Disclaimer! We’re not compensatory or legal experts in any way! We are writing this post based on our personal experience on a recent European flight that was cancelled for which we got some money back. Money for beer? Woohoo!
Our Experience Claiming Compensation on a Cancelled Flight in Europe
Leaving Berlin for Norway in early March 2017 we ran into a common problem for the frequent flyer: a cancelled flight. We had boarded our flight out of the Schonefeld Airport on Air Norwegian and sat patiently in our seats for 2 hours of delays. And then we sat impatiently for another hour, until finally it was announced that our flight was cancelled, apparently due to staff not showing up. We were deboarded, picked up our luggage and then given a small voucher each to use at food outlets within the airport (about 15 Euro). We tumbled back out into the terminal, out front of the very same burger bar we had sat at on our arrival to Schonefeld not 6 hours earlier. Now what we wondered? Of course we googled up a storm to find out what would happen next, and although no-one could say exactly there was some consolatory news, including the possible promise of compensation!? Money back!? It sounded too good to be true! But in fact we did get some money back. If you’d like to know more about claiming compensation on a cancelled flight in Europe, read on to hear our experience including how much, how to and how long it took to see the payday!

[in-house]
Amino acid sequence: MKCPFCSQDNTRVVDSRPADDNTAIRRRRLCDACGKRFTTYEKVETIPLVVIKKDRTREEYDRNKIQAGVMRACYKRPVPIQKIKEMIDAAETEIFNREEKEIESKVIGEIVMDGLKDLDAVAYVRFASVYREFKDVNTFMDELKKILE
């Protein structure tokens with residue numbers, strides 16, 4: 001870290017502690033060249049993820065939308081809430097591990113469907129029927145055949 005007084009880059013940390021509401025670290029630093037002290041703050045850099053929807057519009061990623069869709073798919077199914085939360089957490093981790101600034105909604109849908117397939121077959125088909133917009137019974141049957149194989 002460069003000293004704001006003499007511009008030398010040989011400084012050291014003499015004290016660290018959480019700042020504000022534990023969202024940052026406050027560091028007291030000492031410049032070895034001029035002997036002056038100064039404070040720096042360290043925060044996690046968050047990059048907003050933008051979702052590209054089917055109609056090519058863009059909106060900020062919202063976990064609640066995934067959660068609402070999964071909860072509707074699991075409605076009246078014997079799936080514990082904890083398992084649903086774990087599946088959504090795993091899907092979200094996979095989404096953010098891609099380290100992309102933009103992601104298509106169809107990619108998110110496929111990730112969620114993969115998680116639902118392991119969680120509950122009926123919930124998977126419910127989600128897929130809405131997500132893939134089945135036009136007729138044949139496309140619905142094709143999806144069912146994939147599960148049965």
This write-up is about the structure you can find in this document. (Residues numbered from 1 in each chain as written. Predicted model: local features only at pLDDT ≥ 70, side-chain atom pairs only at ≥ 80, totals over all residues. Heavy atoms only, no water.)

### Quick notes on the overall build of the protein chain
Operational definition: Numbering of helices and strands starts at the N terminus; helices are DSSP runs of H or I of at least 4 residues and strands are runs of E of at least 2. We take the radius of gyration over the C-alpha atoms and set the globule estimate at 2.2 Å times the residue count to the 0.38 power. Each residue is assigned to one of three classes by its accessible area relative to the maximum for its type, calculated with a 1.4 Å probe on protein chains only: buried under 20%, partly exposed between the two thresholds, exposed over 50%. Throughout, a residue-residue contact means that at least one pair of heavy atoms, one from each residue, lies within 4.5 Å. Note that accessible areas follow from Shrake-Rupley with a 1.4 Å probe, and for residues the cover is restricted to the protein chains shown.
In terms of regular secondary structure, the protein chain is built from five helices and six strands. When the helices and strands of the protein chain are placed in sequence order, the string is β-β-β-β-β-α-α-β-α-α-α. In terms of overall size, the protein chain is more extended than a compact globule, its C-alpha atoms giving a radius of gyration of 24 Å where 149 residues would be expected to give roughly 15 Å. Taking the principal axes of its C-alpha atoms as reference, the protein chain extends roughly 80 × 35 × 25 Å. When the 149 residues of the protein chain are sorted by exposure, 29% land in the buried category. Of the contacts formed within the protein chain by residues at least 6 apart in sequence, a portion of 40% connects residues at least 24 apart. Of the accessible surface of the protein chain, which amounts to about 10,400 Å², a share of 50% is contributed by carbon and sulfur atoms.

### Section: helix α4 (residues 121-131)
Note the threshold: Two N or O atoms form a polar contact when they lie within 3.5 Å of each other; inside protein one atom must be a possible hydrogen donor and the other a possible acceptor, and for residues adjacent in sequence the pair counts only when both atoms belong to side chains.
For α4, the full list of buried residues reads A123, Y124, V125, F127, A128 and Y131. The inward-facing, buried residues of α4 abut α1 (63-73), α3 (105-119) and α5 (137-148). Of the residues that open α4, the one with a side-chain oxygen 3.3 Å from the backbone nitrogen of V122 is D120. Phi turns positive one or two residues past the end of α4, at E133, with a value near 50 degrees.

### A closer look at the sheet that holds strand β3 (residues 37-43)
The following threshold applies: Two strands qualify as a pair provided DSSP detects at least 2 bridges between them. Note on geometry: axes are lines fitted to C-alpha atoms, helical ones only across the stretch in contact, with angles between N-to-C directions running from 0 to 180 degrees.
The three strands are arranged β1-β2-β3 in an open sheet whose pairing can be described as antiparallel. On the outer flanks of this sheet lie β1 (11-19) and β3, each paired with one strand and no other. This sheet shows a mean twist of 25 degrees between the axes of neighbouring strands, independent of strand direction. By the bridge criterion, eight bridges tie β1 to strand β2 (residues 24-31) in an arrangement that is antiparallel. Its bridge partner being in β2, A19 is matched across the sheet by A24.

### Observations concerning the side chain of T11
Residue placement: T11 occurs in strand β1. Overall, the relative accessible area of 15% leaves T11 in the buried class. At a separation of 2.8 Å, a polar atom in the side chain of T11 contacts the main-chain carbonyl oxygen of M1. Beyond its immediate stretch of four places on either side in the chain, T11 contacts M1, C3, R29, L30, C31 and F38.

How Much Compensation for a Cancelled European Flight?
We received 500 Euro back, or 250 per person, as there was two of us. Good news here being we didn’t even spend that much on the flight or the night of accommodation we missed in our next destination. So we came out ahead. Now this is of course a compensatory process, so all who are cancelled are not free to shrug their shoulders and have their plans put out by a day like we were on our very flexible six month trip. This amount of 250 Euro per person is in fact the entry level for compensation. This amount goes up to a maximum of 600 Euro based on a how long you were delayed and the distance of the delayed trip. Our trip was delayed by three hours and the distance of said trip was approx 1000km. This fell perfectly into the first category for an eligible compensation claim for a cancelled European flight: 3 hours delay and under 1500 km distance of cancelled flight. See here for a super handy table on all levels of compensation eligibility.
You may have noted I keep stressing the word “Europe/European” when mentioning cancelled flight compensation. This is because the EU (European Union) has set the legislation for passenger flight compensation. For more on eligibility and entitlements click here for their website, but as quick guide: it’s anyone whose flight was delayed or cancelled for 3 or more hours where their flight was operated either into or out of an EU country.